To track soluble solids, pH, and TA, 20 clusters from each treatment replicate were sampled weekly, starting at ≈4 weeks before commercial harvest. The 20 clusters per treatment replicate were collected from both sides of the vine canopy, and from proximal, medial, and distal locations relative to the vine trunk. The 20 clusters per treatment replicate were crushed into a single juice sample for analysis, which is standard procedure for the commercial grower’s receiving winery. Soluble solids were measured with a digital handheld refractometer (PR-32 Pallette; Atago U.S.A., Bellevue, WA). The TA and pH were measured on a radiometer autotitrator (model TIM-850; Hach Co., Loveland, CO); titration was to a pH endpoint of 8.2, using 0.1 N sodium hydroxide (Iland et al., 2000).

Statistical analyses.

Data were analyzed using Excel 2010 (Microsoft, Redmond, WA) and ANOVA in JMP 9 (SAS Institute, Cary, NC). Means were separated by Tukey’s honest significant difference at α = 0.05. Data were tested for normality by Shapiro–Wilk test and homogeneity of variance by Levene’s test. No variables required transformation.

Results and discussion

Site weather.

The 2013 vintage was marked by above-normal temperatures and average precipitation. Average monthly high/low temperatures were April (63.7/40.0 °F), May (74.9/47.7 °F), June (80.7/54.4 °F), July (93.5/58.8 °F), August (90.5/59.3 °F), September (79.8/54.3 °F), and October (63.1/36.4 °F) (Fig. 3A). Growing degree day accumulation on 31 Oct. 2013 was 3086 GDD (base 50 °F); average for that same period is 2946 GDD. Total monthly precipitation was April (1.12 inch), May (0.85 inch), June (0.94 inch), July (0.03 inch), August (0.15 inch), September (1.25 inch), and October (0.1 inch) (Fig. 3B).

Fig. 3.
Fig. 3.

(A) Daily maximum and minimum temperature and (B) daily precipitation from 1 April to 31 Oct. 2013 as recorded by the “Paterson West” AgWeatherNet weather station (AgWeatherNet, 2014); 1 inch = 2.54 cm, (°F − 32) ÷ 1.8 = °C.

Citation: HortTechnology hortte 24, 6; 10.21273/HORTTECH.24.6.736

Heat application.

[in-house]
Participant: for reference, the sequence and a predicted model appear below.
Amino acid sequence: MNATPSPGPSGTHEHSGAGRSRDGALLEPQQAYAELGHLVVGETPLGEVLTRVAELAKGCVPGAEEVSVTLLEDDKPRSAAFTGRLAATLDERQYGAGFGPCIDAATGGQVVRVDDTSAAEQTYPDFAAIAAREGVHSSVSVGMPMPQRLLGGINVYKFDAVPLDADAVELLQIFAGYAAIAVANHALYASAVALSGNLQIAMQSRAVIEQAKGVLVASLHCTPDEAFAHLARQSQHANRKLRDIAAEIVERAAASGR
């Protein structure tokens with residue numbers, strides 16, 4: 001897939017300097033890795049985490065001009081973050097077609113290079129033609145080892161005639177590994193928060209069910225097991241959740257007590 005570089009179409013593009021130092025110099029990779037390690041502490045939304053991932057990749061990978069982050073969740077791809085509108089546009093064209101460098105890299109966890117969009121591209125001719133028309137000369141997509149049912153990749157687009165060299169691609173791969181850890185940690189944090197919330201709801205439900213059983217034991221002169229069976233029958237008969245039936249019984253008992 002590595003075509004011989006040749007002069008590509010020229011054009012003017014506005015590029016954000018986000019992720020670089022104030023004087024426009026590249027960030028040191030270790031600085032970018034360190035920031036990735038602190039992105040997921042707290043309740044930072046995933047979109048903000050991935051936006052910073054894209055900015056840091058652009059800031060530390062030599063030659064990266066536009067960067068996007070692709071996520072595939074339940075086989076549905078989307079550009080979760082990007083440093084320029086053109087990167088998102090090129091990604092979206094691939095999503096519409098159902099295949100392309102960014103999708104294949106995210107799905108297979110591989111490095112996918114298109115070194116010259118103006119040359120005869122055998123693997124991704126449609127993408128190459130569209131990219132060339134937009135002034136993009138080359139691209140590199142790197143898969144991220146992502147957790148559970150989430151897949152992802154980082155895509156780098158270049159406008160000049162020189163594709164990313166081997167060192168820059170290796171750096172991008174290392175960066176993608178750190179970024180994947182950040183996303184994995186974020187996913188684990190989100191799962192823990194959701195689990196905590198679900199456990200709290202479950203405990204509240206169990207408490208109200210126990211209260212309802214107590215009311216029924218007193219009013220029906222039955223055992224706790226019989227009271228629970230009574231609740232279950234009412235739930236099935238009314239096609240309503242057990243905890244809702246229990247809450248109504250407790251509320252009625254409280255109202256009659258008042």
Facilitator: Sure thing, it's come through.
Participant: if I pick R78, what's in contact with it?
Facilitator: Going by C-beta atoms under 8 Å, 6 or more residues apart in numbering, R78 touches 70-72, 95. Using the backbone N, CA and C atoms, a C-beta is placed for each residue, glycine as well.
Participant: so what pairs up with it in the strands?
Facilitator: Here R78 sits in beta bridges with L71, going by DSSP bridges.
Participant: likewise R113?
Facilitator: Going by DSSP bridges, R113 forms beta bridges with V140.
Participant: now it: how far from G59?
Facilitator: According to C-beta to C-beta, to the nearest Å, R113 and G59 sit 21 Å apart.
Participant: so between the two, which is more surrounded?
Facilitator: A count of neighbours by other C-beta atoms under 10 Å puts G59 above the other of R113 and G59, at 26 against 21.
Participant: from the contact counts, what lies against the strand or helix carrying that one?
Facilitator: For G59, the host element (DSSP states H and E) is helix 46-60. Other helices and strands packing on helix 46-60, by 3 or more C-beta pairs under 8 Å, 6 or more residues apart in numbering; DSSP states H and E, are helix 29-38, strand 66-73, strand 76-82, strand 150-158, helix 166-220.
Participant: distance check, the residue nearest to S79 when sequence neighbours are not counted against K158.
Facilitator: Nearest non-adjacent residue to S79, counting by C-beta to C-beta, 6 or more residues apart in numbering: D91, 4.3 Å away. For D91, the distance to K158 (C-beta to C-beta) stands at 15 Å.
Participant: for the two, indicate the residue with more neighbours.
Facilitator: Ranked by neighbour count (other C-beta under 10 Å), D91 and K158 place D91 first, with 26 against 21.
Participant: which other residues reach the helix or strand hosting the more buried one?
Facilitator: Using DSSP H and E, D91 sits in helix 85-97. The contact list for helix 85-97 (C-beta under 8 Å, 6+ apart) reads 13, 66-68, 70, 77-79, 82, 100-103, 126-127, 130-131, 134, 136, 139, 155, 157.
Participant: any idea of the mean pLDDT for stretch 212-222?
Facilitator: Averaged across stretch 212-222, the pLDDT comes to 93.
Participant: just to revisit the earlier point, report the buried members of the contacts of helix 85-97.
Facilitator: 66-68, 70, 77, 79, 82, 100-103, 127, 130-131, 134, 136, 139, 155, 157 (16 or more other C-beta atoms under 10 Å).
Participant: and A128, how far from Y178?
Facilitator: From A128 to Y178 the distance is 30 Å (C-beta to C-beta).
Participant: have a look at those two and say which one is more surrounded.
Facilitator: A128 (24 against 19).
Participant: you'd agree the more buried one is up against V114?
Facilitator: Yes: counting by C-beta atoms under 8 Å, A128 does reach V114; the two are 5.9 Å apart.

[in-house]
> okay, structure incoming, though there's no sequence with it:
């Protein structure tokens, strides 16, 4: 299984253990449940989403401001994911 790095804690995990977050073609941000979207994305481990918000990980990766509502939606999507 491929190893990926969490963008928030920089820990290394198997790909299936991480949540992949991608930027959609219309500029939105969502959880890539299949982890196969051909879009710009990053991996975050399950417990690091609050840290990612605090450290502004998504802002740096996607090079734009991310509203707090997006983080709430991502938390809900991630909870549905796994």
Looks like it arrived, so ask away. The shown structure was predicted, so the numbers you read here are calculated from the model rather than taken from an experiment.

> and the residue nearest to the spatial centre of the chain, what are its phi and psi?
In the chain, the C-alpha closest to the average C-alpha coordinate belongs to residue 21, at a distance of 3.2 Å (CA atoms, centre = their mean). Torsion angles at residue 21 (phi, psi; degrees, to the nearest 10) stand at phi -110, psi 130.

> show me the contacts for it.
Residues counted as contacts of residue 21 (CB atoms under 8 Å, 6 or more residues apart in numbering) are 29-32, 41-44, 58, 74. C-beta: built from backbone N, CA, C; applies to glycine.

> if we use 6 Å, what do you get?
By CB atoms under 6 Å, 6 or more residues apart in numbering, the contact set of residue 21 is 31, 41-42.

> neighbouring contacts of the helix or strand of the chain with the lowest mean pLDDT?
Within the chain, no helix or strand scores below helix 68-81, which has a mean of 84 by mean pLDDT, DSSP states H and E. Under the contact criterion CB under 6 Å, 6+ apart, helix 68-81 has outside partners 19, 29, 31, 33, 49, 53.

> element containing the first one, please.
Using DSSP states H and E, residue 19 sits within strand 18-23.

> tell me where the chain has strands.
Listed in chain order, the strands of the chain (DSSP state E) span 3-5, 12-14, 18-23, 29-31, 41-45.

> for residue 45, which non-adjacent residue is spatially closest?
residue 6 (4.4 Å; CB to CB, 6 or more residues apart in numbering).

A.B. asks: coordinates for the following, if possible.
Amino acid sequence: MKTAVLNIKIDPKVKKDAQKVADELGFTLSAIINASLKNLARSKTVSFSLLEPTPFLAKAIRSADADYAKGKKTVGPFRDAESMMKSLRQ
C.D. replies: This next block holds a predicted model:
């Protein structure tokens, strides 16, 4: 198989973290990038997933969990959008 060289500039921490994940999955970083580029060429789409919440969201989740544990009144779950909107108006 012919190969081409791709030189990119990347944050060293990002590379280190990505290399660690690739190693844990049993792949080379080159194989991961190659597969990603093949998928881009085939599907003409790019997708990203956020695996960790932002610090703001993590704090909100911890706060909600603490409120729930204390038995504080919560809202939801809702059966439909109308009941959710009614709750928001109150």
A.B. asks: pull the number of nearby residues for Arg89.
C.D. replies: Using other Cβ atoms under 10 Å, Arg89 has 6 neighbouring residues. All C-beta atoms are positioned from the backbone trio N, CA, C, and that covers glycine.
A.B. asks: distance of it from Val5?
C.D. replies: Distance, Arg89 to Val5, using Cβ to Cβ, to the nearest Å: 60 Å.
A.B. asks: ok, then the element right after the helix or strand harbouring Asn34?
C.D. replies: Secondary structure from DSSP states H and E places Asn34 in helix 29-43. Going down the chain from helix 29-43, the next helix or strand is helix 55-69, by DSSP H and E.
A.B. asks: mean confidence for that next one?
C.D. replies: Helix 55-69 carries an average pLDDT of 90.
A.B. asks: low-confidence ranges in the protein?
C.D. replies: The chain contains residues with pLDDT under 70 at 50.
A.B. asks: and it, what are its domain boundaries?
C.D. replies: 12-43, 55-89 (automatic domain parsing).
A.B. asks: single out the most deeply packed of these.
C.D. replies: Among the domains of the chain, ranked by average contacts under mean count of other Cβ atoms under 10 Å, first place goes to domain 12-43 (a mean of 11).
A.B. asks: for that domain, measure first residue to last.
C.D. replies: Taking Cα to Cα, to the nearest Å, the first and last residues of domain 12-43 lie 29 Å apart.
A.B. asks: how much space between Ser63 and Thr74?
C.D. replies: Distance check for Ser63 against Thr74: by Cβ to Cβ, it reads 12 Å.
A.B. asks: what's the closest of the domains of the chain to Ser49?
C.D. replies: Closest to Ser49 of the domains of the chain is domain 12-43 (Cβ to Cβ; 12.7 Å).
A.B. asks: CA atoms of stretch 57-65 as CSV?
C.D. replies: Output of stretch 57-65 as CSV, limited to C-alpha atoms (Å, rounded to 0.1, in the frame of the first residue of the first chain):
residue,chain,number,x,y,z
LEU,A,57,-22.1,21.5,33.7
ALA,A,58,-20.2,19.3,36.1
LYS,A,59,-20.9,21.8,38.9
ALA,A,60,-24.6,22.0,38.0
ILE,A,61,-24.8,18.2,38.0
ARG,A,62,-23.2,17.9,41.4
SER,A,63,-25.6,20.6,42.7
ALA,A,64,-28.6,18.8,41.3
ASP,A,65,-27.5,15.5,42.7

Heat distribution from the unit vent is indicated in Fig. 2. Temperatures presented at 7 and 14 inches from the vent are those from a single tractor pass (with temperature data collected every second) and represent the maximum air temperature reached, which typically occurred within 5 to 20 s of the tractor passing. The temperature at the vent blower, which was measured using an IR thermometer described previously was ≈280 to 310 °F (n = 10); the temperature at the mouth of the vent was ≈230 to 250 °F (n = 10). Temperature decrease was directly proportional to the distance from the vent blower. At 14 inches from the vent mouth (Fig. 2), the air temperatures were 140 °F at the base of the fruiting zone, 108 to 115 °F in the fruiting zone, and 97 °F in the upper canopy, which corresponded to a 50% to 55%, 59% to 65%, and 65% to 69% decrease from the temperature at the vent blower, respectively. Considering the ambient temperature of 64 °F, the actual increase in the ambient temperature when the vent mouth was 14 inches from the canopy was around 44 to 51 °F in the fruit zone and 33 °F in the upper canopy (Fig. 2). Given this distribution of temperature when the vent mouth was 14 inches from the canopy (Fig. 2), the manufacture added a six-inch extension for the vent mount to increase the change in immediate air temperature around the canopy and fruit zone. Assuming this would result in a temperature pattern that would be similar to that seen at 7 inches from the vent mount (as measured and depicted in Fig. 2), this would have raised ambient temperatures by 83 to 86 °F in the fruit zone and 67 °F in the upper canopy.